1629: Agreement of the Massachusetts Bay Company

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Source: Colonial Origins of the American Constitution: A Documentary History, ed. Donald S. Lutz (Indianapolis: Liberty Fund 1998).

6 [Agreement of the Massachusetts Bay Company at Cambridge, England]

The complete text, with the original spelling, is taken from E. S. Morgan, ed., The Founding of Massachusetts: The Historians and Their Sources (Indianapolis: The Bobbs-Merrill Company, 1964), 183–84.

August 26, 1629

Although not written on American shores, the Agreement at Cambridge was written not by any English authorities but by the colonists themselves before embarking. It stands, therefore, in the same category as the Mayflower Compact, which some historians believe was also composed in England before departure and only brought out for signing before debarking in America. The signatures affixed to the following document were put there in England, however.

The true coppie of the Agreement of Cambridge, August 26. 1629.

Upon due consideracion of the state of the plantacion now in hand for New England, wherein wee (whose names are hereunto subscribed) have ingaged ourselves: and having weighed the greatnes of the worke in regard of the consequences, Gods glory and the churches good: As also in regard of the difficultyes and discourgements which in all probabilityes must be forcast upon the prosecucion of this businesse: Considering withall that this whole adventure growes upon the joynt confidence we have in each others fidelity and resolucion herein, so as no man of us would have adventured it without assurance of the rest: Now for the better encourragement of ourselves and others that shall joyne with us in this action, and to the end that every man may without scruple dispose of his estate and afayres as may best fitt his preparacion for this voyage, It is fully and faithfully agreed amongst us, and every of us doth hereby freely and sincerely promise and bynd himselfe in the word of a Christian and in the presence of God who is the searcher of all hearts, that we will so really endevour the prosecucion of his worke, as by Gods assistaunce we will be ready in our persons, and with such of our severall familyes as are to go with us and such provisions as we are able conveniently to furnish ourselves withall, to embarke for the said plantacion by the first of march next, at such port or ports of this land as shall be agreed upon by the Company, to the end to passe the Seas (under Gods protection) to inhabite and continue in New England. Provided alwayes that before the last of September next the whole governement together with the Patent for the said plantacion bee first by an order of Court legally transferred and established to remayne with us and others which shall inhabite upon the said plantacion. And provided also that if any shall be hindered by such just and inevitable Lett1 or other cause to be allowed by 3 parts of foure of these whose names are hereunto subscribed, then such persons for such tymes and during such letts to be dischardged of this bond. And we do further promise every one for himselfe that shall fayle to be ready through his owne default by the day appointed, to pay for every dayes defalt the summe of 3 li2 to the use of the rest of the Company who shall be ready by the same day and tyme.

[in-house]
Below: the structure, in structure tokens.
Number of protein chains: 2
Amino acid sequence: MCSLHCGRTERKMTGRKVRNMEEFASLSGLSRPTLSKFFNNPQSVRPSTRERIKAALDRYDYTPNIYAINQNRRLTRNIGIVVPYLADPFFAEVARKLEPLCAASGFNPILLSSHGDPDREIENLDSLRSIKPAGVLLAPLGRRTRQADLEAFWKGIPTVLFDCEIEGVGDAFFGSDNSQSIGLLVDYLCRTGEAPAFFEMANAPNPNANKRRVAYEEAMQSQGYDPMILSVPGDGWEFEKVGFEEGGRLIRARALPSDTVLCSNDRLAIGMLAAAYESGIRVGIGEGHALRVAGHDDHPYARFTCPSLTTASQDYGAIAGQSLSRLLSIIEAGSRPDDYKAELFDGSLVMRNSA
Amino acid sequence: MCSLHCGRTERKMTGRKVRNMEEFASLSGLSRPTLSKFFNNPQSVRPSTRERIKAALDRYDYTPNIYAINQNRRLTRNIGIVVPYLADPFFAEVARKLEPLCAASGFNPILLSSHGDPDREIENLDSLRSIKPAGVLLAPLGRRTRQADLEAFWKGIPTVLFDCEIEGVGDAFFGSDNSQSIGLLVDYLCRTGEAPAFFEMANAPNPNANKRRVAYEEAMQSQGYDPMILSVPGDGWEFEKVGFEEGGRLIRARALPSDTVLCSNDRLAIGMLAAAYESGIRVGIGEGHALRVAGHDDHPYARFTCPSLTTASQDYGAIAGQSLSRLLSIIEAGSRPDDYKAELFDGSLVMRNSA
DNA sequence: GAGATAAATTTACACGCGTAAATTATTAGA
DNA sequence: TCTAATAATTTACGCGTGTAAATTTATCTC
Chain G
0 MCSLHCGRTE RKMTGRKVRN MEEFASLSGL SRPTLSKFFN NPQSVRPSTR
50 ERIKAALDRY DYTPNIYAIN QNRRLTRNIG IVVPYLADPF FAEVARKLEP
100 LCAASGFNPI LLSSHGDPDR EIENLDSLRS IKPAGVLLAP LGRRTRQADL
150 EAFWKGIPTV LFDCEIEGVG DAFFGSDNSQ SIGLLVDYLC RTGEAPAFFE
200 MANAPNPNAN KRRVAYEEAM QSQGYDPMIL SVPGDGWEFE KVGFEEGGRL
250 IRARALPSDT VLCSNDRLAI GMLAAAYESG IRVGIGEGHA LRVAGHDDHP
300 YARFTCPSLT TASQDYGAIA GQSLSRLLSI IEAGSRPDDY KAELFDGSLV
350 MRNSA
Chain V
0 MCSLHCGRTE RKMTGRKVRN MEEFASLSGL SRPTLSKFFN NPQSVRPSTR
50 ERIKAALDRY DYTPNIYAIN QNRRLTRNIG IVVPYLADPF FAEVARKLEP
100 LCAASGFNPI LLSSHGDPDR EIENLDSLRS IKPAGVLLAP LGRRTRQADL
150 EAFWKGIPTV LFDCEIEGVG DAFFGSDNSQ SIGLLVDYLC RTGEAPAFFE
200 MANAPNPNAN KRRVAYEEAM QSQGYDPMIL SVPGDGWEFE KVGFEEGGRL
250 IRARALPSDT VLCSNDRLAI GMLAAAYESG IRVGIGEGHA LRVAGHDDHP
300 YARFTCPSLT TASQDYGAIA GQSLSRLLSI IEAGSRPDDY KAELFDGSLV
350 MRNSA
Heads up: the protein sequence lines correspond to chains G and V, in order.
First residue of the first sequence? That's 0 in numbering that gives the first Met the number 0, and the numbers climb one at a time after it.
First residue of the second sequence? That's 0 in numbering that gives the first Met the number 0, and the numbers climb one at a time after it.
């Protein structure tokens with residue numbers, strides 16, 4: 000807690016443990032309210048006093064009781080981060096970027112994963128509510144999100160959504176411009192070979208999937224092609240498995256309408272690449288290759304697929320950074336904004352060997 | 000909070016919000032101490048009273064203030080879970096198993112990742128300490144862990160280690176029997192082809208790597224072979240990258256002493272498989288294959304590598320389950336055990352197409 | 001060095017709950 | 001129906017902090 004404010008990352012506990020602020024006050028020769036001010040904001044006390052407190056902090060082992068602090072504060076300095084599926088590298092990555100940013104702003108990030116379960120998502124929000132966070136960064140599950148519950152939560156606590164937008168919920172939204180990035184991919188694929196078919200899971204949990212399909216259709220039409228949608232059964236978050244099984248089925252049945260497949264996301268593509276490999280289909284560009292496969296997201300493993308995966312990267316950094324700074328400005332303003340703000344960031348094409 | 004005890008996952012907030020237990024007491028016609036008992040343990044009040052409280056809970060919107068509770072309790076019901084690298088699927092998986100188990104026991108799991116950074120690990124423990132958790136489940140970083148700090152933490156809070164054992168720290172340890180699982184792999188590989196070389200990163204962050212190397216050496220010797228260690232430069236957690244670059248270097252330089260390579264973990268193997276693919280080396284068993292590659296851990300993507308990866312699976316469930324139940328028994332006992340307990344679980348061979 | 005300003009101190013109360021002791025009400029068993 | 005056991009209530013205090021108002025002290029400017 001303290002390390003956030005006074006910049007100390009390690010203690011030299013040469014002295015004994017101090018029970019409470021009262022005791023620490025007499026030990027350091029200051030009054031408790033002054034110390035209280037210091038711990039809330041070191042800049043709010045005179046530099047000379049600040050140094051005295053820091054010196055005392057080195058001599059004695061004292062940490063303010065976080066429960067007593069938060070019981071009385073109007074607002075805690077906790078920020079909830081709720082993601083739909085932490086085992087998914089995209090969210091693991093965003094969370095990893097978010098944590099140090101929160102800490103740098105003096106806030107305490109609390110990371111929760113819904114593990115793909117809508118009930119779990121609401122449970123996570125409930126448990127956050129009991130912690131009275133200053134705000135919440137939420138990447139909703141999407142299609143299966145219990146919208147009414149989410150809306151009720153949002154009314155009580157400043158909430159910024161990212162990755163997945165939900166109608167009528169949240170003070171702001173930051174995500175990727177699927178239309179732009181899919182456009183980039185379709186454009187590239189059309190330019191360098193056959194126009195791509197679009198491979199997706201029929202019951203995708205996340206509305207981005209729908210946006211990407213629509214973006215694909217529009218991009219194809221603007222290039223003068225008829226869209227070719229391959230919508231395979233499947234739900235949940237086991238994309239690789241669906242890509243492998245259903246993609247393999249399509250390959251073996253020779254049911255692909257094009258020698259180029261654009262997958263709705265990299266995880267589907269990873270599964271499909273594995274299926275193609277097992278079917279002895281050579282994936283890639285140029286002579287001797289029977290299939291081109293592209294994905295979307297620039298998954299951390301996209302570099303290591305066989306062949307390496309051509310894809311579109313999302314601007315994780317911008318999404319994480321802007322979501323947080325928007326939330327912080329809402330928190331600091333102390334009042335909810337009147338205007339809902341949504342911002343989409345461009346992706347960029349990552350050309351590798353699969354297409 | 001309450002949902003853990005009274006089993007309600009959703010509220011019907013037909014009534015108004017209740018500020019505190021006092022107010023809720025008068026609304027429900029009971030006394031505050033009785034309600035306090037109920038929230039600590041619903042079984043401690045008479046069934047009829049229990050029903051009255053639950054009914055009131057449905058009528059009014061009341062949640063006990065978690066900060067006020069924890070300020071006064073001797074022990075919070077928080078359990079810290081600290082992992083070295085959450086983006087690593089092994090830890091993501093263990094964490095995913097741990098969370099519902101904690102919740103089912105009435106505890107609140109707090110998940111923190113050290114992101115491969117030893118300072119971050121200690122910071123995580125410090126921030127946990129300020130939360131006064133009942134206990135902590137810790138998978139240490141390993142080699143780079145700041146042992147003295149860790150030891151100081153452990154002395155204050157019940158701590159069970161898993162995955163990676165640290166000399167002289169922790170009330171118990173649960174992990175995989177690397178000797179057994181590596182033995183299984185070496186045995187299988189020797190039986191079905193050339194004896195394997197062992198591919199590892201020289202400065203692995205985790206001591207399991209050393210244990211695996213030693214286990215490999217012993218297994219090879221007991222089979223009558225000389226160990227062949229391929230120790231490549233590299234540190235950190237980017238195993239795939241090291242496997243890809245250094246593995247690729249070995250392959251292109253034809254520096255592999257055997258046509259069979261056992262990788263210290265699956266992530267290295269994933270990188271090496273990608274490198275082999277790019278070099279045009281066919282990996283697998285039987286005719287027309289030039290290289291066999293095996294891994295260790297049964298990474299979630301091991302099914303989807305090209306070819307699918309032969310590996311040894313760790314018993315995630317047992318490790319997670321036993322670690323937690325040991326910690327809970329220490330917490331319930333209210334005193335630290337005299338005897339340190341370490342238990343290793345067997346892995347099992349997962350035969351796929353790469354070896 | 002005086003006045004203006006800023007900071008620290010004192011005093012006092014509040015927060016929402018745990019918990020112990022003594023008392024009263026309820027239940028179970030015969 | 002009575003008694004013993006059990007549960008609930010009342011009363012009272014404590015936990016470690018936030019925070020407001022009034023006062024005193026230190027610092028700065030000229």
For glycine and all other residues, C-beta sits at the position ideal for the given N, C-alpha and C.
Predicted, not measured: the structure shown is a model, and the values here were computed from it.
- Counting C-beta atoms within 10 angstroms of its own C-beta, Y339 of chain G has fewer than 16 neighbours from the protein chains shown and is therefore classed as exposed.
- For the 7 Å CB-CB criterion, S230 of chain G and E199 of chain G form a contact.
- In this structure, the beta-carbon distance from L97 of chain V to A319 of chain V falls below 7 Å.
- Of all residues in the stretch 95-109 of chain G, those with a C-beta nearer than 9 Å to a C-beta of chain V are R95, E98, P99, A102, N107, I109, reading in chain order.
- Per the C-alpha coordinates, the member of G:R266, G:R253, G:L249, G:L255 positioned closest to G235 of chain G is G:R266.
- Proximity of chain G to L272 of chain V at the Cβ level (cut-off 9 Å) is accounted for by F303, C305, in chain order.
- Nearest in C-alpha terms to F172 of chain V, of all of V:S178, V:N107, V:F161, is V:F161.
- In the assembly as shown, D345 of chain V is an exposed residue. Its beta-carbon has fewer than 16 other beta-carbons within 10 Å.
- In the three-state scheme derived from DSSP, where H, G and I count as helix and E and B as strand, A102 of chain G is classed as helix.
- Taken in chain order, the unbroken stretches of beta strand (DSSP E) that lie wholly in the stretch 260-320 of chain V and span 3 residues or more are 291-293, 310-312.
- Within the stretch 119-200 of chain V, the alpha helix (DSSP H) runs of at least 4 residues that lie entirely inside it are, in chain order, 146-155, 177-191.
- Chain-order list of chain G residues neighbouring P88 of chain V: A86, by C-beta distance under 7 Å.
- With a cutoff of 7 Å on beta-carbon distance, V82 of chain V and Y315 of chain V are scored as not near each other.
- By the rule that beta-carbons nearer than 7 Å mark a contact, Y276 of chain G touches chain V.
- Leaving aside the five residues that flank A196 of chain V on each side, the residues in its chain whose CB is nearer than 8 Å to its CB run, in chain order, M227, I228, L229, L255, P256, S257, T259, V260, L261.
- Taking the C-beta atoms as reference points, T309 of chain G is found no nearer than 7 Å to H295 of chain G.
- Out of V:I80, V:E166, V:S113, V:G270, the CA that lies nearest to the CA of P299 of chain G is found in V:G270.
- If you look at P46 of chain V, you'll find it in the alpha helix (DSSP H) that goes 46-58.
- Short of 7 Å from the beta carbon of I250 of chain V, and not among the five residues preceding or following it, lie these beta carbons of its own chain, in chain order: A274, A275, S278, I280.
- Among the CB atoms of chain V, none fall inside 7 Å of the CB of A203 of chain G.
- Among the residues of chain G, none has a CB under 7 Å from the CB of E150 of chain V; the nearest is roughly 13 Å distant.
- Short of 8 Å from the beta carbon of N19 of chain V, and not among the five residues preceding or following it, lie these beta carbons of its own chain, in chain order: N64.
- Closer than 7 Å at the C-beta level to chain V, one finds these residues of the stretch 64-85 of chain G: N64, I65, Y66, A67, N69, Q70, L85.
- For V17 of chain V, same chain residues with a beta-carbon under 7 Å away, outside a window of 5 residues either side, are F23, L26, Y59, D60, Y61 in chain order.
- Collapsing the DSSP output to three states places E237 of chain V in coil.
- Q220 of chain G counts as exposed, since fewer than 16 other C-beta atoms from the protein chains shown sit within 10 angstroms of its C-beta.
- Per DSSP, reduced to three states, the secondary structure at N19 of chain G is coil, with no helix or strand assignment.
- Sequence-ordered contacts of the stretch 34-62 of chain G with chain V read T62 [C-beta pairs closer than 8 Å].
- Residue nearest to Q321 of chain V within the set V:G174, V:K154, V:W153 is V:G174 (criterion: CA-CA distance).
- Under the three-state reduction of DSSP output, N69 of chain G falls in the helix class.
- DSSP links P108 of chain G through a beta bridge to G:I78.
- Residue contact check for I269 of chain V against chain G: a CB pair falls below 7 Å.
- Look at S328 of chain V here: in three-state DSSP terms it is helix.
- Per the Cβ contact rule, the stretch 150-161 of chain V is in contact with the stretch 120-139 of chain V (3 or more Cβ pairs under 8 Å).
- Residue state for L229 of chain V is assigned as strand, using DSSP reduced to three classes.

This was done by order of Court the 29th day of August. 1629.

  • rich: saltonstall
  • tho: dudley
  • william vassall
  • nich: west
  • isaack johnson
  • john humfrey
  • tho: sharp
  • increase nowell
  • john winthrop
  • will: pinchon
  • kellam browne
  • william colbron


[1. ]Hindrance, obstruction, or delay.

[2. ]The archaic symbol for an English pound.